In order for a Na’vi to bond with one of these creatures they must bond, which requires Worthington to take his pony-tail, which has little vermicelli-like strands of nerve bundled up in there, and connect it to one of this beasts’ antennae. It takes some doing, Worthington’s Avatar almost getting flung off a cliff for his trouble, but he comes back, wrestles the beak shut and melds the two pieces together, which naturally entwine.
When that happens the creature’s wild eye goes soft, pupil enlarging. Worthington’s Avatar carefully removes the leather tie around its beak and it stands up, collecting him on its back. Neytiri says he must fly or risk breaking the bond. Their bond can only be concreted if they fly, so she sends the creature off the ledge with Worthington’s Avatar en tow.
They fly recklessly, Worthington's Avatar barely holding on. They crash into cliff walls, fly through waterfalls. The creature, quite dragonlike, actually, squacks and Worthington tells it to shut up and fly straight... And it does. The bond is complete as it glides through the air.
That’s the end of the footage.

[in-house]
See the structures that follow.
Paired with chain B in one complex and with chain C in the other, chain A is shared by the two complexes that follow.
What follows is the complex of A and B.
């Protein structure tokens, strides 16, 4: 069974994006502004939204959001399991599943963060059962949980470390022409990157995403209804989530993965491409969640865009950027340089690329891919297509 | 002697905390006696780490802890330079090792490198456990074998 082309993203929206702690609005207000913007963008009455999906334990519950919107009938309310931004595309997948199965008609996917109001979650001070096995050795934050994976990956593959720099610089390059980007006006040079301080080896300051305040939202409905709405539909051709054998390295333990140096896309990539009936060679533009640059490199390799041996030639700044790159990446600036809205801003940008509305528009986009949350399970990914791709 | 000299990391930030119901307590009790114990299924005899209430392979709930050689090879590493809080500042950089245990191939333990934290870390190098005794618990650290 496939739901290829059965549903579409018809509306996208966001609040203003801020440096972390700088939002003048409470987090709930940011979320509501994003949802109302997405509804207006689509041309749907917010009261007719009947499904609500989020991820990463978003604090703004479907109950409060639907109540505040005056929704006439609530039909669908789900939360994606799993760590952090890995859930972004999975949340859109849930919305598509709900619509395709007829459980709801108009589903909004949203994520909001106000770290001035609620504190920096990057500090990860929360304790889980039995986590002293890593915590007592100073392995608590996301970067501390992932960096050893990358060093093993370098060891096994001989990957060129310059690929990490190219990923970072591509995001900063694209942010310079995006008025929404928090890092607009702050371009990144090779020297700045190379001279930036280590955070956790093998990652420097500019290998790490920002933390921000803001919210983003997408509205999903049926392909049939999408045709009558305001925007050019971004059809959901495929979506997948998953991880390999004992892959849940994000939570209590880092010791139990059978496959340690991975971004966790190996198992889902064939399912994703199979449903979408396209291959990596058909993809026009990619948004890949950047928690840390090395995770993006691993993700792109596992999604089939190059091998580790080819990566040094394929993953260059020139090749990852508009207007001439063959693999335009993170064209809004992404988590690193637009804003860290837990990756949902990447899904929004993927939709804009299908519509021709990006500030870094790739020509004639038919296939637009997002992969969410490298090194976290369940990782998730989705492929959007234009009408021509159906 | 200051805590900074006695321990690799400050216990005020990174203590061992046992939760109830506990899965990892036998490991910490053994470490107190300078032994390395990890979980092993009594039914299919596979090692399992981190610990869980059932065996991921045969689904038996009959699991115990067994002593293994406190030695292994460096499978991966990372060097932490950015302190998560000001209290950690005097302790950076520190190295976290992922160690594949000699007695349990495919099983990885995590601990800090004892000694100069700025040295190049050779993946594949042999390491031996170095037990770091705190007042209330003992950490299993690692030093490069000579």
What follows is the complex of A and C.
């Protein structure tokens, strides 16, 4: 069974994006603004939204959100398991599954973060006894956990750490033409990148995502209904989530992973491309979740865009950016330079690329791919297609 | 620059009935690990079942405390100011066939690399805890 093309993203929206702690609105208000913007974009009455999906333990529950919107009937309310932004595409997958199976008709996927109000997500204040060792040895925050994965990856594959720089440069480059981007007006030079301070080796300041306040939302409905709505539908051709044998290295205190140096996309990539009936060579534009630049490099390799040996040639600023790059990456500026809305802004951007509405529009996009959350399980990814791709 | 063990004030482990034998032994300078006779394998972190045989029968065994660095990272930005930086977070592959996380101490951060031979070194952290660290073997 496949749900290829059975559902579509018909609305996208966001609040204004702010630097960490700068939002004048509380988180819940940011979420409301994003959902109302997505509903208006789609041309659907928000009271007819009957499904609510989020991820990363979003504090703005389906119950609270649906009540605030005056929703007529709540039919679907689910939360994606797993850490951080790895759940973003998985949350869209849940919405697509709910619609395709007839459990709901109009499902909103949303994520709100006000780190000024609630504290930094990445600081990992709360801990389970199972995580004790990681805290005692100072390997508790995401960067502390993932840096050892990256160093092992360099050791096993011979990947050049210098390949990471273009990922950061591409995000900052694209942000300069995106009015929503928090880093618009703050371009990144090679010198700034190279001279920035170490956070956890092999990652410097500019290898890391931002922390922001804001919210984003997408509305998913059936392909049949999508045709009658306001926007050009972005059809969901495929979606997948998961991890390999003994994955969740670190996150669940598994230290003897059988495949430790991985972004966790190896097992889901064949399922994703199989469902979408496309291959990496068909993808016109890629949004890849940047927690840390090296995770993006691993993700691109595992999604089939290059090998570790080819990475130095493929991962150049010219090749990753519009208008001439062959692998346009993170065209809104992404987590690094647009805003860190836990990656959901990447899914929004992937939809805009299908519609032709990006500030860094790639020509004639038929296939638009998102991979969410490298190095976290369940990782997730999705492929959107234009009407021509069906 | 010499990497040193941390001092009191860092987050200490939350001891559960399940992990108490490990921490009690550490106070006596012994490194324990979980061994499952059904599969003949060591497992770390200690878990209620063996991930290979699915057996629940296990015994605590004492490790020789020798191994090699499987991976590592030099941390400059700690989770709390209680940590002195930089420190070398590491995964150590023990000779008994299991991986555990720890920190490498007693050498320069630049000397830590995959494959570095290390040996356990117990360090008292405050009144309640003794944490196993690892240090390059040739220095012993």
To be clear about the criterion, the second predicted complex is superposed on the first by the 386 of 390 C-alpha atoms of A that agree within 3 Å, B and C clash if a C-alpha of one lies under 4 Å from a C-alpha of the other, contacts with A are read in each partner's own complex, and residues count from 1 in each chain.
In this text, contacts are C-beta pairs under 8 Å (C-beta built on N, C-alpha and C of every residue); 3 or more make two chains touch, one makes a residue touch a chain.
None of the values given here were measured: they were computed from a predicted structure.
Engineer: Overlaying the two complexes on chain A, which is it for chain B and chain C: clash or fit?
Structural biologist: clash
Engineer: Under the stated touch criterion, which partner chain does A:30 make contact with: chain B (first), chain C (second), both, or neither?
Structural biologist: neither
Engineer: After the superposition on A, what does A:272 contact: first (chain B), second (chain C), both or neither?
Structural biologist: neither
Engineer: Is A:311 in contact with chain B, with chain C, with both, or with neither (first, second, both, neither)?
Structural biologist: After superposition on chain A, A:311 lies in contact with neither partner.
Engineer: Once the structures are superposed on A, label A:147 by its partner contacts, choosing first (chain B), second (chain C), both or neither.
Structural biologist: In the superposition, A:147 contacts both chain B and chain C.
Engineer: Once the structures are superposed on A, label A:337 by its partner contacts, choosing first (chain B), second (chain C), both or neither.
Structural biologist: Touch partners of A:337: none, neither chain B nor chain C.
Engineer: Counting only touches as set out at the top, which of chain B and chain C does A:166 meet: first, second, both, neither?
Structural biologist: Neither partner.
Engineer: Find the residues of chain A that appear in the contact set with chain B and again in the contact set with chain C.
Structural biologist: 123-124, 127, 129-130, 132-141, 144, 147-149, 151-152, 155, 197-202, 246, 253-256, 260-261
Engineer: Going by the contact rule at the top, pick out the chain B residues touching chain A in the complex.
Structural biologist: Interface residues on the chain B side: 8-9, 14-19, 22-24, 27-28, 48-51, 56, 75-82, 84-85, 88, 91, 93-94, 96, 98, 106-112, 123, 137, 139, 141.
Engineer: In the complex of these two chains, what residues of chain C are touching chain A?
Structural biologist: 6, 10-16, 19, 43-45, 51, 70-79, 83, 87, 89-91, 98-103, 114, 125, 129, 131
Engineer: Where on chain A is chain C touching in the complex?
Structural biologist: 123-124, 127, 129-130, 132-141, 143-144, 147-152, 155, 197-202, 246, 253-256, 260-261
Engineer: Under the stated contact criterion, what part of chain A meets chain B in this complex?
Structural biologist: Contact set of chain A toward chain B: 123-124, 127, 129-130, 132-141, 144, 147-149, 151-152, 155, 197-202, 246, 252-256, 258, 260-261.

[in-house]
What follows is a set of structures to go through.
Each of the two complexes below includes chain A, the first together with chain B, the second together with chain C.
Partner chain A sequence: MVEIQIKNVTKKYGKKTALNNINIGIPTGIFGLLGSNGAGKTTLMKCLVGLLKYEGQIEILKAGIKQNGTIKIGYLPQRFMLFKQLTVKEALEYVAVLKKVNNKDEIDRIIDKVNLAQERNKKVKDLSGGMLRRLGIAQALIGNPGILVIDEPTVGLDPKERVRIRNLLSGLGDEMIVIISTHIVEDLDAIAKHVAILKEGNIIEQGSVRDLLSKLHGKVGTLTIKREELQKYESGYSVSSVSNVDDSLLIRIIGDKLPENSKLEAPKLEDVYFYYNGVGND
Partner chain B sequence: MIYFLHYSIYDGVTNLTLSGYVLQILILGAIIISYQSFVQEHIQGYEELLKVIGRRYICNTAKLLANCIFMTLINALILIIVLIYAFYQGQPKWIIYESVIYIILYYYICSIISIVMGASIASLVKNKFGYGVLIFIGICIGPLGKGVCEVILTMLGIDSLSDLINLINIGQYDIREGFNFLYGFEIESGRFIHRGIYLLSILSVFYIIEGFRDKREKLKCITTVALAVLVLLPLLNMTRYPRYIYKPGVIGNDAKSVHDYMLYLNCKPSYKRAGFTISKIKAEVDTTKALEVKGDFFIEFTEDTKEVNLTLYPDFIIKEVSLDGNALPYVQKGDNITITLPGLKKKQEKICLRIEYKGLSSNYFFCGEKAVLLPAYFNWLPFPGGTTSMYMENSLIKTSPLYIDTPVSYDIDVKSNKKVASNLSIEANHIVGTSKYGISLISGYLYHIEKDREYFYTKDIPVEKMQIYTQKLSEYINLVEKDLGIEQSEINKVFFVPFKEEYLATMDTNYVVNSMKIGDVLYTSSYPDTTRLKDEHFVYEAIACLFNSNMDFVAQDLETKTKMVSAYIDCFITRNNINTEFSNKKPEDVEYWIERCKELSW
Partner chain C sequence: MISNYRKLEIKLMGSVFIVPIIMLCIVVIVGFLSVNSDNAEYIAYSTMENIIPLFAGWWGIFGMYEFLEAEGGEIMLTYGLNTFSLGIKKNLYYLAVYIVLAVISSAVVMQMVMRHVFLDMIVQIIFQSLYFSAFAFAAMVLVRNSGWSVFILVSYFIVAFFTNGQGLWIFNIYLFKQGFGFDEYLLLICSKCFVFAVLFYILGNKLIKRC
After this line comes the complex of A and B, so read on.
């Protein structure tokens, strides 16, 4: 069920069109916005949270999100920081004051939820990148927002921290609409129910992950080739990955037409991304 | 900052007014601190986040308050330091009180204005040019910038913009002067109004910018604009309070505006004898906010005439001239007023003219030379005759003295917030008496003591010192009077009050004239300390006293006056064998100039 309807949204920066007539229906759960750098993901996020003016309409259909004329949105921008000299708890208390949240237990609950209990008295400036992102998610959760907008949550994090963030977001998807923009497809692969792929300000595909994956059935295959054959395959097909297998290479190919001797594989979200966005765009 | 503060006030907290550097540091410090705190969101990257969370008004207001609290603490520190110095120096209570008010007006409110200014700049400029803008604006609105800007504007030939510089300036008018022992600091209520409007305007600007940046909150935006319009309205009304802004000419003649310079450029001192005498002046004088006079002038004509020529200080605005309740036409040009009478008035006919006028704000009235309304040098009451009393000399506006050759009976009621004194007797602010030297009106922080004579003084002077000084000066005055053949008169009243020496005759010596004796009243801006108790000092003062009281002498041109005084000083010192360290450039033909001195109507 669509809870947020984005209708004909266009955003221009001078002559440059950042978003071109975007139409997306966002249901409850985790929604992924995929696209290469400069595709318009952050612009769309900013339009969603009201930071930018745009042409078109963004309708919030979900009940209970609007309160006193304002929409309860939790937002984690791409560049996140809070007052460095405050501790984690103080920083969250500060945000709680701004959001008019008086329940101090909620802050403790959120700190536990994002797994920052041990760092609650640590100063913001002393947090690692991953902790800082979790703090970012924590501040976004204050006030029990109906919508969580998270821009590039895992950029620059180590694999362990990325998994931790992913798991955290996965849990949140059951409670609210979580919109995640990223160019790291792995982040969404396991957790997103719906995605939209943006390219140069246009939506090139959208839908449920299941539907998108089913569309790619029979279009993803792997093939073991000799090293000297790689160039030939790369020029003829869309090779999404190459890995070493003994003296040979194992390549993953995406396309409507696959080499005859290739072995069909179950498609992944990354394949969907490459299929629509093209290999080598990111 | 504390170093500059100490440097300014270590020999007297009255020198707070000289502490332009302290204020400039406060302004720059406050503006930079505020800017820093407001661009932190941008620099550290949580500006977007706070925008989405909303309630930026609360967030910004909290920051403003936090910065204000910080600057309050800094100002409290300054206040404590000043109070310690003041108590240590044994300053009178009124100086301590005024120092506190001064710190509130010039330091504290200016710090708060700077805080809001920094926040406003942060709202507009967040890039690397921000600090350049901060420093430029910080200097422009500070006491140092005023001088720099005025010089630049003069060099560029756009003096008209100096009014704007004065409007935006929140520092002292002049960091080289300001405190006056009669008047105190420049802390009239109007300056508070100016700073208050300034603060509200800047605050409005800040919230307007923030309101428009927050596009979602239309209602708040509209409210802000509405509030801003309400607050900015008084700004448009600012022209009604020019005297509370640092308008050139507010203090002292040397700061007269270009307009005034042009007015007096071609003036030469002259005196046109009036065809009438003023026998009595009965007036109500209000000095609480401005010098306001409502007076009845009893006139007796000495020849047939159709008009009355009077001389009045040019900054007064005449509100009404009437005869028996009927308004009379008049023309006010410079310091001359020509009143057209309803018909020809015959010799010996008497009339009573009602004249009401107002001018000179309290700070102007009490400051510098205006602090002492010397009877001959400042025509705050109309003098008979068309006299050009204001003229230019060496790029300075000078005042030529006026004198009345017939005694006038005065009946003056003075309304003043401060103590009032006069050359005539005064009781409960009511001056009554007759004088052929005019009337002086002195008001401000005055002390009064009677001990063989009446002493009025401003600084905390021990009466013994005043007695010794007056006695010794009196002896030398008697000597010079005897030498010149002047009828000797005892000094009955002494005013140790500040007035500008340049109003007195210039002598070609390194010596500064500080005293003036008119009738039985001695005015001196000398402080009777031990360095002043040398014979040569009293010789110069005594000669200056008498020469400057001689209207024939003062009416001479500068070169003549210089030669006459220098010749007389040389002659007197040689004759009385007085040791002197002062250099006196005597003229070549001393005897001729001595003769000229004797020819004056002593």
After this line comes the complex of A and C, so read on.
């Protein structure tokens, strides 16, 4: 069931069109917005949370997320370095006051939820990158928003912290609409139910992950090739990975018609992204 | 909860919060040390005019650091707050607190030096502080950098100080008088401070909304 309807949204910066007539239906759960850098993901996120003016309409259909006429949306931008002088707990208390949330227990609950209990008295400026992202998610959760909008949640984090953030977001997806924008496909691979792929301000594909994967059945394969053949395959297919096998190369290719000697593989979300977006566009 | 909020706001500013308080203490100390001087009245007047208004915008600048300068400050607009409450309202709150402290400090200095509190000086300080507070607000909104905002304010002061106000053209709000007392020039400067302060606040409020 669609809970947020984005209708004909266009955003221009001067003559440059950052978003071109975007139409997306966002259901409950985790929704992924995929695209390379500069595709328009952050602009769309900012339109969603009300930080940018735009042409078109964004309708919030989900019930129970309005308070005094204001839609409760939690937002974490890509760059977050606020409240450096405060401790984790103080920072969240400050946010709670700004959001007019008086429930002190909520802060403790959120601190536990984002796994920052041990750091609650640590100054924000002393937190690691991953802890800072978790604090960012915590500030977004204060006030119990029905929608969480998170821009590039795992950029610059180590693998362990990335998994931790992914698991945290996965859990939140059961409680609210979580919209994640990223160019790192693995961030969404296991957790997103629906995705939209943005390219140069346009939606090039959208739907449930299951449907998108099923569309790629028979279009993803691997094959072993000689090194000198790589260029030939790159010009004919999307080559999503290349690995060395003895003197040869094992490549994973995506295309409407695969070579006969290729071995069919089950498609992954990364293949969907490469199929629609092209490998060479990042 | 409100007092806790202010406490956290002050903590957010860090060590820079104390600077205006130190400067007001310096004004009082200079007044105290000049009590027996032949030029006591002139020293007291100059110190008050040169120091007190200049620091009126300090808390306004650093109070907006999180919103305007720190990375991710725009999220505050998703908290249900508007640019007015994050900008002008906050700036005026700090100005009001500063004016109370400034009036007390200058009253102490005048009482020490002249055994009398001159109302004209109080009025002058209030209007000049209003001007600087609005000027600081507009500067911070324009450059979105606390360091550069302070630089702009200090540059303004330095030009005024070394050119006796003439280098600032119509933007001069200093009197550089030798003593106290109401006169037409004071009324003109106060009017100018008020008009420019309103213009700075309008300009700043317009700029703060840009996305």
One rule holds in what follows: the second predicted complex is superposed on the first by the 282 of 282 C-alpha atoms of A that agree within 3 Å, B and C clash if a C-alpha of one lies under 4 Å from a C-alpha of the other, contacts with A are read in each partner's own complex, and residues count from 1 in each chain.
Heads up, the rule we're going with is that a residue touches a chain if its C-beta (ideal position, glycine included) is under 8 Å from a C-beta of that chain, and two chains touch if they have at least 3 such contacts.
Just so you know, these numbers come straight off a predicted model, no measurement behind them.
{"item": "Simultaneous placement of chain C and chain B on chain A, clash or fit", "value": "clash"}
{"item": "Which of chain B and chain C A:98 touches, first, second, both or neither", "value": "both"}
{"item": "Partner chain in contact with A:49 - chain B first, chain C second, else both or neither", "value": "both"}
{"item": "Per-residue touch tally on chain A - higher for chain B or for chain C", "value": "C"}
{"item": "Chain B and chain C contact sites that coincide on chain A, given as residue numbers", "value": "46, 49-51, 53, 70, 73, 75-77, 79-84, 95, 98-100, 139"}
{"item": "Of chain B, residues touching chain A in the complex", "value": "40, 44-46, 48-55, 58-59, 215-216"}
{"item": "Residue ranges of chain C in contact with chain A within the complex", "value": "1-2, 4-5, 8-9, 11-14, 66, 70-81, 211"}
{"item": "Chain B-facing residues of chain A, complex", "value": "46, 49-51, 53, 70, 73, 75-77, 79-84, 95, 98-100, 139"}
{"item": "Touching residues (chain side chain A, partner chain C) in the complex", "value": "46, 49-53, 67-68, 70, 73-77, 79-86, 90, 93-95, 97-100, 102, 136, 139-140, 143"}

All the Pandora stuff that was shown was incredibly detailed, layer upon layer of movement, life, detail. But it seemed to be completely mo-cap and computer animated. While I thought it looked fantastic I think people need to reel in their expectation a bit.
What I saw were glimpses at a fantastic bit of storytelling, a rich fantasy tale, by a master of the artform, but the CGI creatures and characters are just that. They’re amazingly executed, no doubt, but it’s not like when you saw your first CG dinosaur and you said, “This is a game changer” to yourself.
What I hope Cameron gives us is the character work to fill out this highly stylized universe and he hasn’t given me any reason to doubt him yet. This presentation was all about showing off the visual eye-molestation brought to you by Weta Digital, Workshop, Cameron and his talented crew.